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Original Issue


From Nikita Khrushchev on down, everybody who was anybody and several thousand who weren't turned up at Moscow's huge Hippodrome last week for a horse show that had everything—the Soviet-wide First National Equestrian Competition. In a kaleidoscope of colorful costumes, contestants from Lvov to Vladivostok and points between competed in equine events ranging from flat races to kissing games while Moscow's citizenry milled and munched Russian "Good Humors" peddled from gleaming-white carts.

Pushball polo is played by two teams whose differing costumes suggest a Maryland hunt on the one hand and a team of mounted footballers on the other.

Getting their goat, whose dead carcass lies on the ground between them, is the chief object of the opposing teams in old Kazakhstan fury called kopkary.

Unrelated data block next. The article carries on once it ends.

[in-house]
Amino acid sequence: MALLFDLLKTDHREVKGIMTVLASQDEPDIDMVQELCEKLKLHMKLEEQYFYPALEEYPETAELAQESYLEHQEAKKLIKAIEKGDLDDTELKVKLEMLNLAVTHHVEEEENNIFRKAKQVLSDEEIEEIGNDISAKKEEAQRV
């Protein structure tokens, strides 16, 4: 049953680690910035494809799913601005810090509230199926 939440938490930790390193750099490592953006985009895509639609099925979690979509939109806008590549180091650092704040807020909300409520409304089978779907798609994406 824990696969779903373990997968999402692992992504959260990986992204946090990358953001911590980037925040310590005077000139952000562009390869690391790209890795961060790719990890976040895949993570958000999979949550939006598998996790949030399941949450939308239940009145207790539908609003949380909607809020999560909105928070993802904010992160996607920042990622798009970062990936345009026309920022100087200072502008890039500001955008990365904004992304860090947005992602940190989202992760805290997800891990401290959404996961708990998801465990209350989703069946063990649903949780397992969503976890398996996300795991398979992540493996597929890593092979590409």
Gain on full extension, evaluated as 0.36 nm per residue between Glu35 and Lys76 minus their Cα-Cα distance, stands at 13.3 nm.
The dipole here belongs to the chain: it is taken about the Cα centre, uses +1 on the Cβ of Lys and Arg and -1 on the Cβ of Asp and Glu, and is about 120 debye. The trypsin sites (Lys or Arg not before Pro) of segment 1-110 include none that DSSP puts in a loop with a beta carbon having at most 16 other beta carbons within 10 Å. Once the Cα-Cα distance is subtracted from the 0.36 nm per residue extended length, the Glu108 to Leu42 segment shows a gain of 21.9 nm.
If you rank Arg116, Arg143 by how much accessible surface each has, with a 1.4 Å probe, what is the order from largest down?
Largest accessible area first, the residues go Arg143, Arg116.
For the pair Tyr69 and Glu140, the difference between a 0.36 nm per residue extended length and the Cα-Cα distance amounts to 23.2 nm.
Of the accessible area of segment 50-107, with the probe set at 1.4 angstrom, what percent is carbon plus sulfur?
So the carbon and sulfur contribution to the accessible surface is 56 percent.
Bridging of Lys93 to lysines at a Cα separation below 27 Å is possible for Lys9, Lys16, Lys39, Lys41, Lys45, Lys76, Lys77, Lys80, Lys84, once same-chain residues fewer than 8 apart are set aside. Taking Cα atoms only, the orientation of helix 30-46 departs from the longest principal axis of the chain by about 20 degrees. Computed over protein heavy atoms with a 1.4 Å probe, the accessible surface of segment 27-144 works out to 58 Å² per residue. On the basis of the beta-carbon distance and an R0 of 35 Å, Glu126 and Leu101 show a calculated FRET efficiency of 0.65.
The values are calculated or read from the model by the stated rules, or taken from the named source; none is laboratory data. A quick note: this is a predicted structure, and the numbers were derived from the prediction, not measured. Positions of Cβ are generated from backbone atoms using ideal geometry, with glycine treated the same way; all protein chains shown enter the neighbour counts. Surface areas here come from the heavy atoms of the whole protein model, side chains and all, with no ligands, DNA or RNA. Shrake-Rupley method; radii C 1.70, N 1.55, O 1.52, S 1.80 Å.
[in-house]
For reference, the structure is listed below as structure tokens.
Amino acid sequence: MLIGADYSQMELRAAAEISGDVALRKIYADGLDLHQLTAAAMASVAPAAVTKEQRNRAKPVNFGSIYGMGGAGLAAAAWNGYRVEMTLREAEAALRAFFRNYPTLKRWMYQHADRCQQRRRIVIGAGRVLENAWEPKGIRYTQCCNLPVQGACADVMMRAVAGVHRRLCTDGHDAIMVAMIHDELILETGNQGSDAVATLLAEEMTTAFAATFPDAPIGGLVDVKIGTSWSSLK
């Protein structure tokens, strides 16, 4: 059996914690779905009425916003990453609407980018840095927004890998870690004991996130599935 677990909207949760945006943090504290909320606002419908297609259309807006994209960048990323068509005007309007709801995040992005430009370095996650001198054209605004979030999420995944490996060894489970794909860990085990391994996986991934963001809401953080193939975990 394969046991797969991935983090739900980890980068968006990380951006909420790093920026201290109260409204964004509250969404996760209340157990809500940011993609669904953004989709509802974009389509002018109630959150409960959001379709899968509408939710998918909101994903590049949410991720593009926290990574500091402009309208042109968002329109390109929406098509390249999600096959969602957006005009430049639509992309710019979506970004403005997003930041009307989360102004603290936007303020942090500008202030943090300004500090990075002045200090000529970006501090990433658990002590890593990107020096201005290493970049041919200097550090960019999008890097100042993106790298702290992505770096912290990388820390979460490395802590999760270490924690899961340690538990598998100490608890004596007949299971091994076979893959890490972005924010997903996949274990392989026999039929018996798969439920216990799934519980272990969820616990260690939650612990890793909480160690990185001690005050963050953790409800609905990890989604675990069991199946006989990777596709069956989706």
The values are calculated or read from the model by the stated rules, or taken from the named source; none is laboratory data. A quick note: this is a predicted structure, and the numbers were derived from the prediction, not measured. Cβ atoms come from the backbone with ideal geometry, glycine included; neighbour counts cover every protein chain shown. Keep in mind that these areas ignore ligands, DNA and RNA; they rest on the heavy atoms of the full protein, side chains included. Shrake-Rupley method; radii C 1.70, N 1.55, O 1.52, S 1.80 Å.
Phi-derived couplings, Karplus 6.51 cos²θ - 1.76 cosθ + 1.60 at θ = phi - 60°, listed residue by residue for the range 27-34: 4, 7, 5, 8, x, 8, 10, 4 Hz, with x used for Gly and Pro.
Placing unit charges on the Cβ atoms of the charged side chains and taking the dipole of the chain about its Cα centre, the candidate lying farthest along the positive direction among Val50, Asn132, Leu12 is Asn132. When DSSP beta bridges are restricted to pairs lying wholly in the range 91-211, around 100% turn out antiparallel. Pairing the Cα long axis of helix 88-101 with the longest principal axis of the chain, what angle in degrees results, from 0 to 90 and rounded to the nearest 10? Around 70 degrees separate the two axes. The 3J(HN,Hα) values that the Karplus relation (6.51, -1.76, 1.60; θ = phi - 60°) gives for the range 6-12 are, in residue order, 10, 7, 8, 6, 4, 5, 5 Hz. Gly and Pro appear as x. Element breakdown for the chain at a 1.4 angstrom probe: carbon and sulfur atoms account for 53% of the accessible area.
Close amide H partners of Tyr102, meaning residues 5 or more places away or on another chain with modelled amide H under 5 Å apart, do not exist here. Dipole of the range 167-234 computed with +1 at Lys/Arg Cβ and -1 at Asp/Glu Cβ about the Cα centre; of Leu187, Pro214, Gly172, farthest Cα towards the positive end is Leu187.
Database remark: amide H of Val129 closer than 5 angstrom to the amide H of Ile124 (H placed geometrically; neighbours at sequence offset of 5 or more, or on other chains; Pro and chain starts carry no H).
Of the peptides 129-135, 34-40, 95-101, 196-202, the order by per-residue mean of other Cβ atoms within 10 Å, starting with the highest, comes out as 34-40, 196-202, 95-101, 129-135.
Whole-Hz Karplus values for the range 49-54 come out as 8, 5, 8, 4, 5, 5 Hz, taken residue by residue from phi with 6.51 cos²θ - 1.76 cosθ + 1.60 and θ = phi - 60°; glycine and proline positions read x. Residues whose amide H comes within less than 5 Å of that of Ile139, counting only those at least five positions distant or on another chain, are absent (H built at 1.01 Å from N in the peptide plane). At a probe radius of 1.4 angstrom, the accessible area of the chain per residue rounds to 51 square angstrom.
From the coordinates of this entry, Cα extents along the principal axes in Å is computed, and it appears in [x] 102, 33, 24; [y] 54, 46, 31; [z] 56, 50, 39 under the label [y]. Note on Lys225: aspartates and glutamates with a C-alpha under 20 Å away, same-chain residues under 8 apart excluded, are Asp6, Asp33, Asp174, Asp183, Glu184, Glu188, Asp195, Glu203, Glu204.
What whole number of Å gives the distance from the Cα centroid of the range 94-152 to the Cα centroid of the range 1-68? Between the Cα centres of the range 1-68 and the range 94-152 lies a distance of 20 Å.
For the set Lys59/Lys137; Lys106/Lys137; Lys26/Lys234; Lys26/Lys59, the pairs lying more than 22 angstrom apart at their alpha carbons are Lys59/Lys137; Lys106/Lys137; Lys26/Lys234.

A kissable Katrinka flees from her pursuer in game called kuzkoo in which the avid male exacts a hearty buss if he can catch her. In game's second heat, a la Sadie Hawkins Day, girls do the catching.

Top-hatted Tovarishchi sit their mounts as elegantly as lordlings in London's Rotten Row in the Russian version of high school dressage, a European event only lately becoming popular in American horse shows.

Mounted mat men from Kazakhstan and Kirghizia grapple one another in a spirited equestrian catch-as-catch-can bout.

Trotter-drawn troikas blend past and present as they race under the eye of cameramen in a chrome-trimmed car.

Neck and neck start from old-fashioned wire barrier is part of a program that included both flat and harness racing.